- Practice What You Teach: Keeping Teaching Real through the Evolution of Your Personal Practice
- It's All in the Hips, Or Is It?
- Day or Night? Body and Mind Considerations for Scheduling Your Yoga Practice
- This Yoga Love Affair (Part Two): Making it Last a Lifetime
- This Yoga Love Affair: A Collage of Views on How to Keep Your Yoga Practice Sustainable Over One Year
- To Be Thankful Without Grasping and Real Without Apologizing
- When Burnout Knocks: The Struggle of Keeping Teaching Healthy, Honest, and Vibrant
- Living Yoga Off The Mat
- Tuning Up Mind and Body: How Yoga and Sound Therapy Work in Harmony
- Making It to the Mat: What Yoga Teachers Need to Know About the Most Difficult Part of the Practice
Day 10, by Kristy Alpert
This morning was all about inversions. It’s amazing what a little change in perspective can do for the body. I woke up groggy, but the second I flipped upside down and let the blood rush to the opposite sides of my body, my day literally started over again.
During the session, we learned the safest ways to assist students into headstands, handstands, and shoulder stands. Learning the assists and cues were cool, but it was infinitely cooler to see the smiles on the faces of the girls who had never been able to get upside down before after they released from their first ever inversions.
Before arriving at Yandara, I thought it was a requirement that any yoga teacher had to be able to lift into a full headstand or bend gracefully into a scorpion pose before even signing up for the training program. So needless to say that I was relieved when I found out I wasn’t the only one who needed a bit of assistance (and encouragement) to invert.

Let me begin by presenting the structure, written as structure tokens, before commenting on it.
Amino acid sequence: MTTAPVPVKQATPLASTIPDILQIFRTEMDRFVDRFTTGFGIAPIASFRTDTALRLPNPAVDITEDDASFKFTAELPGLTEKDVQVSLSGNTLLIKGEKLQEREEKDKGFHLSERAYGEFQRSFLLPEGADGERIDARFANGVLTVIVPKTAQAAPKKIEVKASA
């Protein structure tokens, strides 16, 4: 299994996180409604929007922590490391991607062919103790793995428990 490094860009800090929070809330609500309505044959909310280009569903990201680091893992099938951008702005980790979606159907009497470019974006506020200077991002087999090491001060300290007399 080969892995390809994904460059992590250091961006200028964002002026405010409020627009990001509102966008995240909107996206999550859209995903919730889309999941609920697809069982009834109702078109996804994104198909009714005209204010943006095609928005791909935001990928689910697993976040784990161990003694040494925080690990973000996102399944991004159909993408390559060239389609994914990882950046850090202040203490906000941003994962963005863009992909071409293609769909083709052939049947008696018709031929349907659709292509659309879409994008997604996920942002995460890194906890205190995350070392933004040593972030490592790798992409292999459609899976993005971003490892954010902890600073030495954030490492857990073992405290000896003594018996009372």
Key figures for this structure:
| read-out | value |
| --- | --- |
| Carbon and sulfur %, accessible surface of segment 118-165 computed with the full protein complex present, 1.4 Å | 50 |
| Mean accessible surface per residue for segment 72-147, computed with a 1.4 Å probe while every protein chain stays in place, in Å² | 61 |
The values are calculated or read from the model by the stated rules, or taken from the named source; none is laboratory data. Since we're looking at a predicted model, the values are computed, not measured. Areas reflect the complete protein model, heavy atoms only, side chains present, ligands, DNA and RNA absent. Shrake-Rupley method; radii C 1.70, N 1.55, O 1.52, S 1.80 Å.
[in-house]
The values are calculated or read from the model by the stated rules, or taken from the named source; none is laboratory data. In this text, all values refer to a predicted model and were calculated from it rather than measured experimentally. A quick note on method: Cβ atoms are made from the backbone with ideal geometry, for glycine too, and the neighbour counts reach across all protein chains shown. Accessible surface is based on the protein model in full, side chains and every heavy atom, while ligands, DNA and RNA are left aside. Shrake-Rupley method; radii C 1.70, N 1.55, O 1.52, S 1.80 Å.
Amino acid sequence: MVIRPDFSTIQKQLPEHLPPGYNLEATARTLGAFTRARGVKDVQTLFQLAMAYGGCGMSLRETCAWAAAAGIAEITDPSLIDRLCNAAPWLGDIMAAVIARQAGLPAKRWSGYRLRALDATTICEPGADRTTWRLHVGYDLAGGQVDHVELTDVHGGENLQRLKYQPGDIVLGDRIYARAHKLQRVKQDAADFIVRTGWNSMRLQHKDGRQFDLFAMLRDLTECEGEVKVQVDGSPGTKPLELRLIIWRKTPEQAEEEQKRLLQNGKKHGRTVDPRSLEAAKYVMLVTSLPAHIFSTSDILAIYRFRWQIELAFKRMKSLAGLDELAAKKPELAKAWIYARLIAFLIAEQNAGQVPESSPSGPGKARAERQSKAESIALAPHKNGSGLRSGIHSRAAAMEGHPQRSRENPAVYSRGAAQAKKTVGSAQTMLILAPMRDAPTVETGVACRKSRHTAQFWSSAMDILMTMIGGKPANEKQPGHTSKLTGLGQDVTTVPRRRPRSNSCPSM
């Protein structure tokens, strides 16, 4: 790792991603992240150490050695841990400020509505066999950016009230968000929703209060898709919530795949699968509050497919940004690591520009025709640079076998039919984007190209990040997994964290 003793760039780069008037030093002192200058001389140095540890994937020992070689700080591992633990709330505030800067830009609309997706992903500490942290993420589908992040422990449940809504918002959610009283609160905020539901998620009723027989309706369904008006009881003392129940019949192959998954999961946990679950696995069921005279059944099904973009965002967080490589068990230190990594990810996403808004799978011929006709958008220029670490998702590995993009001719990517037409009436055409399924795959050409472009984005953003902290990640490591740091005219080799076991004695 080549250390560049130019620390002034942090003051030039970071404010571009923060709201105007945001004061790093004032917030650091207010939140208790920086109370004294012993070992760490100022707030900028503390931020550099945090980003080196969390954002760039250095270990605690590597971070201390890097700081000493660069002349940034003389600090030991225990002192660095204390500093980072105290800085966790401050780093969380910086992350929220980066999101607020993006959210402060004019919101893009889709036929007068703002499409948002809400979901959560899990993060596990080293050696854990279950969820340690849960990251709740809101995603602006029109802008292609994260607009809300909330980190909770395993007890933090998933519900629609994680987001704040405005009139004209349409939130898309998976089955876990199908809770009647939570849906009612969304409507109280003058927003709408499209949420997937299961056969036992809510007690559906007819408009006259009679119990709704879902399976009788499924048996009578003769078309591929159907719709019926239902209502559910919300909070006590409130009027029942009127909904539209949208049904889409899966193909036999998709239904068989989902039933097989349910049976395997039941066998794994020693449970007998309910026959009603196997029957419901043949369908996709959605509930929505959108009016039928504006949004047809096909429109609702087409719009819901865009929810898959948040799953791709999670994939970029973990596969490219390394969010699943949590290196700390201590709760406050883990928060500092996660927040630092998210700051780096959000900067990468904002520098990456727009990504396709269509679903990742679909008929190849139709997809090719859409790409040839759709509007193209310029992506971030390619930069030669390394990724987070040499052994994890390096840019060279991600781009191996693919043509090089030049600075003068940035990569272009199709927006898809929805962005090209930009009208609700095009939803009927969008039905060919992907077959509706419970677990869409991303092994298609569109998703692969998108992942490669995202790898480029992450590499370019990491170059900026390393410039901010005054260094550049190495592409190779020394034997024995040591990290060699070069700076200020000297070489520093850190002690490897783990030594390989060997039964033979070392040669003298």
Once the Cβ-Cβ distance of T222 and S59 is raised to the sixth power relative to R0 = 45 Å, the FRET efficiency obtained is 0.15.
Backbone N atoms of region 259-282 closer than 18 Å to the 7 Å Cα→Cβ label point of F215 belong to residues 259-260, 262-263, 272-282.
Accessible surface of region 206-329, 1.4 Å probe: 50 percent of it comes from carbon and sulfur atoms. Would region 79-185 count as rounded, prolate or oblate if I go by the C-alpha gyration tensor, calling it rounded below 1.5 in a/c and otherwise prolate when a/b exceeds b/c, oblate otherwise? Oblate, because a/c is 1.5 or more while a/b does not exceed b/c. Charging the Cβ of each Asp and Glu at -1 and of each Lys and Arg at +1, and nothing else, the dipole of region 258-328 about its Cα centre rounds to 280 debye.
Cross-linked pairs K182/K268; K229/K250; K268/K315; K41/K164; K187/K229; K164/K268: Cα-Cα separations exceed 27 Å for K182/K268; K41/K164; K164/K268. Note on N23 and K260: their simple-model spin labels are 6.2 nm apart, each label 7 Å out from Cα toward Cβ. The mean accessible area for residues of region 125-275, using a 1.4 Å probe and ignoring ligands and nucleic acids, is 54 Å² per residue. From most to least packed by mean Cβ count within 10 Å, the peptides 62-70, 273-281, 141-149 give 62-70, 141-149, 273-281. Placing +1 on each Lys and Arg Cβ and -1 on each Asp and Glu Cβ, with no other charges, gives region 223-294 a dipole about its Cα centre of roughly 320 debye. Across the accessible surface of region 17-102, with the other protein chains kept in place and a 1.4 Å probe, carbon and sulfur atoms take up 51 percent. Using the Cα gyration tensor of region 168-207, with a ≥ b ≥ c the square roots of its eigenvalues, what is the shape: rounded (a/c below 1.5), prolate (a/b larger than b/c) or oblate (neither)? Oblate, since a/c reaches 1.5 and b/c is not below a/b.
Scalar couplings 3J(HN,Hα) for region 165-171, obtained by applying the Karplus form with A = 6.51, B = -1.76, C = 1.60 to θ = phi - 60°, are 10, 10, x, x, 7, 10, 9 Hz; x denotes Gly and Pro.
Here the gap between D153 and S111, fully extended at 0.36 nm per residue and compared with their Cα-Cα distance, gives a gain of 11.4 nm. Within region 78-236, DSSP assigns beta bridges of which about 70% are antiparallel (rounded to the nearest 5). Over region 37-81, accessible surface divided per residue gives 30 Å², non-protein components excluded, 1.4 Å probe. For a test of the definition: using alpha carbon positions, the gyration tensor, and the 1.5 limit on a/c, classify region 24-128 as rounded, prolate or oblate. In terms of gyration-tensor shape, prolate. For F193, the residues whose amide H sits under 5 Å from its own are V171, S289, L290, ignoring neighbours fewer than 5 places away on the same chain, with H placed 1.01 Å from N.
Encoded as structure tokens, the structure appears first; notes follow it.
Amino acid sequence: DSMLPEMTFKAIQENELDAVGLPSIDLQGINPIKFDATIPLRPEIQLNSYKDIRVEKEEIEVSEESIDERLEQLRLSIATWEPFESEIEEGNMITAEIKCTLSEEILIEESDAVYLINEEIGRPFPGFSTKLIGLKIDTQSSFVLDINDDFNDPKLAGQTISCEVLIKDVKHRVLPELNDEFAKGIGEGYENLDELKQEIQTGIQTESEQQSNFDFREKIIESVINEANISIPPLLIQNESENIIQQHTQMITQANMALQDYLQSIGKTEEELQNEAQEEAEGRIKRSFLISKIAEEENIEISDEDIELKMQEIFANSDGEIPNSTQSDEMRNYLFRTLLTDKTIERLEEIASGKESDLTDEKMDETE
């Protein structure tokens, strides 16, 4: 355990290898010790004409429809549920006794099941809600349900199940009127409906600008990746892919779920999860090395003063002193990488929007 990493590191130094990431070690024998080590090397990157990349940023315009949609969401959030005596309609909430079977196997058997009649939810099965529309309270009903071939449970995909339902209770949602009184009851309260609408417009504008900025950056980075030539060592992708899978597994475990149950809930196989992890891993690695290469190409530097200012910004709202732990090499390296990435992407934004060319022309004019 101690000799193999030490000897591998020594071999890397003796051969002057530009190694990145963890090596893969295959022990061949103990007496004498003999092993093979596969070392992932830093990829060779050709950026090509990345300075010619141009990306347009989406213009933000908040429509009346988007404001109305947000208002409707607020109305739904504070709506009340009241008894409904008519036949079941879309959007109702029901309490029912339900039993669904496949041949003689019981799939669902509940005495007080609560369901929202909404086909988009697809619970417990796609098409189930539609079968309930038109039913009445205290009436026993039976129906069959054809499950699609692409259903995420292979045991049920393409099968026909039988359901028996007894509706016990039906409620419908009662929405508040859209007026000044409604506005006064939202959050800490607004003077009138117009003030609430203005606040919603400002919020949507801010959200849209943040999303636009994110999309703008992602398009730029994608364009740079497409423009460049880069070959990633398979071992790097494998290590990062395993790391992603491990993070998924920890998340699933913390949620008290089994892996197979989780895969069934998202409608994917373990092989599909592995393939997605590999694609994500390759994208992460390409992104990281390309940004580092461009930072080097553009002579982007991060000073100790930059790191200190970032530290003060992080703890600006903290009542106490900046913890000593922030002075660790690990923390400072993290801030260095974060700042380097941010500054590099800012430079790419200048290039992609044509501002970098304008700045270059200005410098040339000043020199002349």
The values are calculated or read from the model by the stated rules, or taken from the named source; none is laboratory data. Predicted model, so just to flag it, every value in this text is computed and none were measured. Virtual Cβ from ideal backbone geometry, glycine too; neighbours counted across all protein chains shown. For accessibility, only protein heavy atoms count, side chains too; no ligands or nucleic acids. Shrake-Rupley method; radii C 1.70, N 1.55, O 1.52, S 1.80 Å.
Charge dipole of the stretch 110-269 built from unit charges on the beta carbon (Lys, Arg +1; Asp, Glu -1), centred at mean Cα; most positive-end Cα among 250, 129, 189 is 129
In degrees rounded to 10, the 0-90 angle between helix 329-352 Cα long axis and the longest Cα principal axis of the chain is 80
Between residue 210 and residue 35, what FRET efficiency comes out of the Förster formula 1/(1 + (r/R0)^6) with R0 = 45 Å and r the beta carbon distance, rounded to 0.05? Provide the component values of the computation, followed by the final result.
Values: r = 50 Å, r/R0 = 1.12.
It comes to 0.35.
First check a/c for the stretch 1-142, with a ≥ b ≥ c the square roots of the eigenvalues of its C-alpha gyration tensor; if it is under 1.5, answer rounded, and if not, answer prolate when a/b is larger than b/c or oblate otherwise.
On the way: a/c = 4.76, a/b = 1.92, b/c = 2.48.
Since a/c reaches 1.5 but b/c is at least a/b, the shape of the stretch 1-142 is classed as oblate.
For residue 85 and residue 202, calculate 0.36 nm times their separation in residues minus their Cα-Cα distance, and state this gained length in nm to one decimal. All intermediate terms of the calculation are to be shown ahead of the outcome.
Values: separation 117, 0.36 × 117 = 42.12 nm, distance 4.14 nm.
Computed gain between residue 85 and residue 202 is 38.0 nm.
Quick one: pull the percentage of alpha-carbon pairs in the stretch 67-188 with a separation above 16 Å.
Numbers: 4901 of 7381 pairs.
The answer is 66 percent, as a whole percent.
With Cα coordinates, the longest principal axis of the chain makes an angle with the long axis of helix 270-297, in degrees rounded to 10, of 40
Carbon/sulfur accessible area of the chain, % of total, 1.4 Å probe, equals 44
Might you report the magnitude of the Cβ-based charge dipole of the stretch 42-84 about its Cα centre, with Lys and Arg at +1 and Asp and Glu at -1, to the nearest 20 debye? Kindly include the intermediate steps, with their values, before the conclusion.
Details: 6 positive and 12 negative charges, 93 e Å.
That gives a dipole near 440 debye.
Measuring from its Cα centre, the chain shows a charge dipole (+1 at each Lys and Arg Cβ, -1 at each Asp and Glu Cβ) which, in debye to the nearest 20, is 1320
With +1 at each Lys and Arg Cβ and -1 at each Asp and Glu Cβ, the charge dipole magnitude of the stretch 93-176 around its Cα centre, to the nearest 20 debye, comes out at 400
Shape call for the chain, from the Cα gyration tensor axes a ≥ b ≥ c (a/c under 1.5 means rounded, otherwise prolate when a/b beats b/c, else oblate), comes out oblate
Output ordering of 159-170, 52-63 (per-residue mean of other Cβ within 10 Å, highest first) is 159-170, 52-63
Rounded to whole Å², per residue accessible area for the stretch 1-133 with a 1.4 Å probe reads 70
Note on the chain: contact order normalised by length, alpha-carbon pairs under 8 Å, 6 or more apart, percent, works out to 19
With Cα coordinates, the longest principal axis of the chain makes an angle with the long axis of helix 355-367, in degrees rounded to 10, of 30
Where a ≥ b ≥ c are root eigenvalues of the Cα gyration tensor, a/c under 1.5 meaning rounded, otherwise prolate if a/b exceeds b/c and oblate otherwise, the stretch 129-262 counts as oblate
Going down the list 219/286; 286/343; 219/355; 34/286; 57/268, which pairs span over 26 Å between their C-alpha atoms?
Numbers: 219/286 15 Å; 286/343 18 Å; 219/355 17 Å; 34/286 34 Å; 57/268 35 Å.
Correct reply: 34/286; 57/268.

I’ve learned more than ever that yoga is not a competition. Everyone’s bodies are made completely different, and, where one person may be able to stretch wide with little effort and yet struggle in balance poses, others may not have the bone structure to extend into obscure angles but can hold a 15 minute headstand with ease.
There’s no judgment here at Yandara if there’s a pose you can or can’t do, and it’s been fun to celebrate new yoga victories with my new friends.
Packing tip of the day: Bring double the yoga tops and pants. Doing yoga almost all day for 16 days in the warm Balinese breeze makes for some amazing memories … but it also makes for some sweaty and stinky clothes. I probably over packed by bringing six pairs of yoga pants and 12 yoga tops (although I’m not hating having clean clothes most days!), but I’d at least recommend bringing enough options so you’re only wearing your tops two times each (so maybe six tops), and enough pants where you can rotate and air out your options (maybe three-four pairs).